Earlier this month I spent a long weekend in Queenstown, gliding through snowcapped mountains, necking mulled wines and having my mind well and truly blown by the majesty of this Narnia-like paradise.
It’s actually the second time I’ve visited Queenstown, the first being a week last summer, and I don’t know why its taken me so long to write about it. It’s by far one of the most dazzling places I’ve ever seen, and a dusting of powder takes it to another level.
It’s also the first time I’ve felt remotely festive since I’ve been in New Zealand (Christmas last year was spent on the beach beneath the glistening sun), which is impressive given that its August!
The ride in
If you’re flying into Queenstown from the north, book a window seat on the left hand side of the plane for the most astonishing ride you’ll ever experience. The views across the Southern Alps is like something from a fantasy film.
From the Tasman Sea to as far as the eye can witness are endless grand mountains, turquoise lakes and meandering rivers. You also get a birds eye view of the magnificent Franz Josef and Fox Glaciers. If you want to be embraced by mother nature, you’ve come to the right place. And all this before you’ve even landed!
Now onto the more practical stuff…
I rented my skis, poles, a helmet and boots from Snow Rental in town. The staff were pretty helpful and it was cheaper to pre-pay online and then get fitted once I arrived. You’ll need to know your weight/height so they can fit you with the right skis and boots so check this before you leave home. They also gave me the option of swapping them if they were uncomfortable after the first day.
You can pick up your ski passes from the Snow Centre in Downtown Queenstown when you arrive – this is also where the transfer bus collects you to take you up the mountains. Be prepared for slow queues in this place! You’ll need to give them a $10 deposit for your ski pass which you can cash up at the end of your trip.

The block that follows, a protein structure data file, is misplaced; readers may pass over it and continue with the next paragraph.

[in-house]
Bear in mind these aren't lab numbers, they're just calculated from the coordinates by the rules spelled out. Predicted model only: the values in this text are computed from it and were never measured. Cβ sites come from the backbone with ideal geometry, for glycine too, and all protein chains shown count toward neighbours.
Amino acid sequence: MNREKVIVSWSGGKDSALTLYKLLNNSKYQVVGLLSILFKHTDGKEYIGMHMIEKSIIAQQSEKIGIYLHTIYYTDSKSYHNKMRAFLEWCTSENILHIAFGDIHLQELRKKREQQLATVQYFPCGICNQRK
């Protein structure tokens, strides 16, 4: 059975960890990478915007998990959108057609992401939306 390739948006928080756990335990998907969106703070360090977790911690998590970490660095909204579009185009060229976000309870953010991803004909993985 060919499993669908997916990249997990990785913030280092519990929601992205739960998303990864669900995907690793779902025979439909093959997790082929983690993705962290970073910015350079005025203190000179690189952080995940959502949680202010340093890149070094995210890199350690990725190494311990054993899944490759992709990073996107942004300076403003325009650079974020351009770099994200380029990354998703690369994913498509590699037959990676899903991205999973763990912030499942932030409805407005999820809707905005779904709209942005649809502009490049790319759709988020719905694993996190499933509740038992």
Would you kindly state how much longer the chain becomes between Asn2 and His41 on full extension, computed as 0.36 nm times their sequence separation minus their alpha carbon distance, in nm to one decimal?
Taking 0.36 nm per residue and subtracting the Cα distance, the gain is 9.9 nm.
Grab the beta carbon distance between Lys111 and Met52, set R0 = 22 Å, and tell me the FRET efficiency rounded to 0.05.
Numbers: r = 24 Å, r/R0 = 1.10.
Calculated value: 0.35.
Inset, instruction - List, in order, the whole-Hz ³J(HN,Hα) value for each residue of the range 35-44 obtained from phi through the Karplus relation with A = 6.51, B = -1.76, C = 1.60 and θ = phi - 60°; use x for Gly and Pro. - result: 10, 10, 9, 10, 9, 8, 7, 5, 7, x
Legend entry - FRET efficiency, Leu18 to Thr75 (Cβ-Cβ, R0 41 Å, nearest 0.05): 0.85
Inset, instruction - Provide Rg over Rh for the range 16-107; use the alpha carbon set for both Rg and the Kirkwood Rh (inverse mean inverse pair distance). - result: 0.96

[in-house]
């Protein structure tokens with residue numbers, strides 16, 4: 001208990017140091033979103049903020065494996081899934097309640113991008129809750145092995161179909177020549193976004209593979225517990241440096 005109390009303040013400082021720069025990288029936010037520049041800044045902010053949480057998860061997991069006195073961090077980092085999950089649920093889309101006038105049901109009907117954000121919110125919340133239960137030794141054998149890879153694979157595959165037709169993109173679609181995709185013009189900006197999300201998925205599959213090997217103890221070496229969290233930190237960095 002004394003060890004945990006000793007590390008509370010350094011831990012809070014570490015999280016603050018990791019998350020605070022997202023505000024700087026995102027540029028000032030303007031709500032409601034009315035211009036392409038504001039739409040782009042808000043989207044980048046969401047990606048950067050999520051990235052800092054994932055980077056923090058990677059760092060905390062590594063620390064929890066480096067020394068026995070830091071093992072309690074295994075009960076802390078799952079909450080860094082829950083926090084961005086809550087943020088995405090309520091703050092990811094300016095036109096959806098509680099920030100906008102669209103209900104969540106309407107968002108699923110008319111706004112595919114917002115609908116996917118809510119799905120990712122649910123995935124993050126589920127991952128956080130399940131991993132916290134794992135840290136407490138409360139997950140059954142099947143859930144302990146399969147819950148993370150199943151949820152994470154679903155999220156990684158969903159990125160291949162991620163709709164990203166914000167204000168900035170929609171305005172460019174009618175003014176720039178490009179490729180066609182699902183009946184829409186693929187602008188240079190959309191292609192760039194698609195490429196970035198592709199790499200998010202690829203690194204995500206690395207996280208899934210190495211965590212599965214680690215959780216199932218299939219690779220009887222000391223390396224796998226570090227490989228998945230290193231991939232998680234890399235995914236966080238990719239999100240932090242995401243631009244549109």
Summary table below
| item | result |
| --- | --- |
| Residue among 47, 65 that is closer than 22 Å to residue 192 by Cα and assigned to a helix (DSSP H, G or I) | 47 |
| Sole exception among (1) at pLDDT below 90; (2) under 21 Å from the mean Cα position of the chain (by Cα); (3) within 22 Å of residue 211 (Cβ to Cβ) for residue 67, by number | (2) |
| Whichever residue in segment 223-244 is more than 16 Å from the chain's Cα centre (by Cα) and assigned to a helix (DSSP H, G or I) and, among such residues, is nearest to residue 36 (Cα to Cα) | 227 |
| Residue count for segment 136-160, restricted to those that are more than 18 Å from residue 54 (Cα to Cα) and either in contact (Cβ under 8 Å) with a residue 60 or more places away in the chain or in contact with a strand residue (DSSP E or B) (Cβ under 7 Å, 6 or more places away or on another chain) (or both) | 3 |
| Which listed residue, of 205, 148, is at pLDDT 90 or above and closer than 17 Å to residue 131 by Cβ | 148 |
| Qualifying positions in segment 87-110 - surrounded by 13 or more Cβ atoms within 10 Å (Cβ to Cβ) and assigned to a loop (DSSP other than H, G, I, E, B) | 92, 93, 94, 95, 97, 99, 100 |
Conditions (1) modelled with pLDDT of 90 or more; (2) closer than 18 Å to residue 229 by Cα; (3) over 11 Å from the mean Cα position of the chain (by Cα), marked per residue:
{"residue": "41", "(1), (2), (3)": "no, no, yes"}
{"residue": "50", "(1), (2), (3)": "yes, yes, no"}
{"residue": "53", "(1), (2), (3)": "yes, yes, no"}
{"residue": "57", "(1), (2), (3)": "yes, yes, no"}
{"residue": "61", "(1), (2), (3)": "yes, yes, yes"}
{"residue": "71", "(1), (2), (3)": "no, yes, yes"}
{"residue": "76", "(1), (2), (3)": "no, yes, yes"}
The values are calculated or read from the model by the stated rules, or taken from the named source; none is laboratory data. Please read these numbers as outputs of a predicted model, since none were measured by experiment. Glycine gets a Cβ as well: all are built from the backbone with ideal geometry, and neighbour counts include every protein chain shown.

There were ten of us on the trip so we hired a couple of cars between us which worked out to be the same price as paying for the transfer bus, but was heaps more convenient.
We arrived at the mountain around 8.30am and got into the first car park – get there any later and it’s likely that you’ll be in the overflow car park catching transfer buses to the slopes. Not ideal when you’re trying to walk on icy terrain in ski boots, lugging all your gear!
Day 1: Coronet Peak
Coronet Peak is about 30 minutes drive from Queenstown, making it the closest of all the mountains. It doesn’t get as much snowfall as some of the other mountains, which can mean you don’t always get a soft landing if you fall (it also goes by the nickname ‘Concrete Peak’).
We chose to night ski on our first day so headed up the mountain at 12pm, slighty hungover after the first nights escapades in Queenstown. It gets very cold once the sun goes down (especially on those chairlifts), but the atmosphere is pretty good, with a big fire pit outside the restaurant to de-frost your fingers, and DJs blasting out music whilst you’re winding down the slopes. I didn’t do much skiing in the evening but it was just as fun warming myself up with an après-ski mulled wine and good company.
I was nervous about getting back on the skis after only going a few times last year and mainly doing lessons. Most of the crew disappeared up to the top of the mountain on their snowboards so I headed over to the beginners area to recreate Bambi on ice. Much to my delight, I wasn’t utterly terrible, so I headed up the beginners chairlift to tackle some longer runs.
Beginner trails: The Meadows Chair is a good place to start once you’ve had a few lessons and know the basics. The Big Easy trail isn’t daunting but has some steep inclines so you can practice controlling your speed, and get out of your wedge and into some parallel skiing (the dream for us beginners!).
Feeling confident in my new found abilities on the snow, I attempted a blue run in the afternoon which didn’t go quite as I had imagined it… The M1 trail is a straight run that you reach by turning left off Meadows Chair. After picking up way more speed than was necessary and forgetting how to use my breaks, I face planted the snow.
Luckily for me, those Kiwi folk are pretty damn charitable and two wonderful ladies picked me up under each arm and set me back on my way, racing down the mountain. Turns out it was super icy and therefore was not the best conditions to test myself on the intermediate slopes. Oh well…onwards and upwards!
Overall the weather was good, the views from the ski field over Queenstown’s lake and mountains was humbling, and the day ended with a late night trip to FergBurger, of course.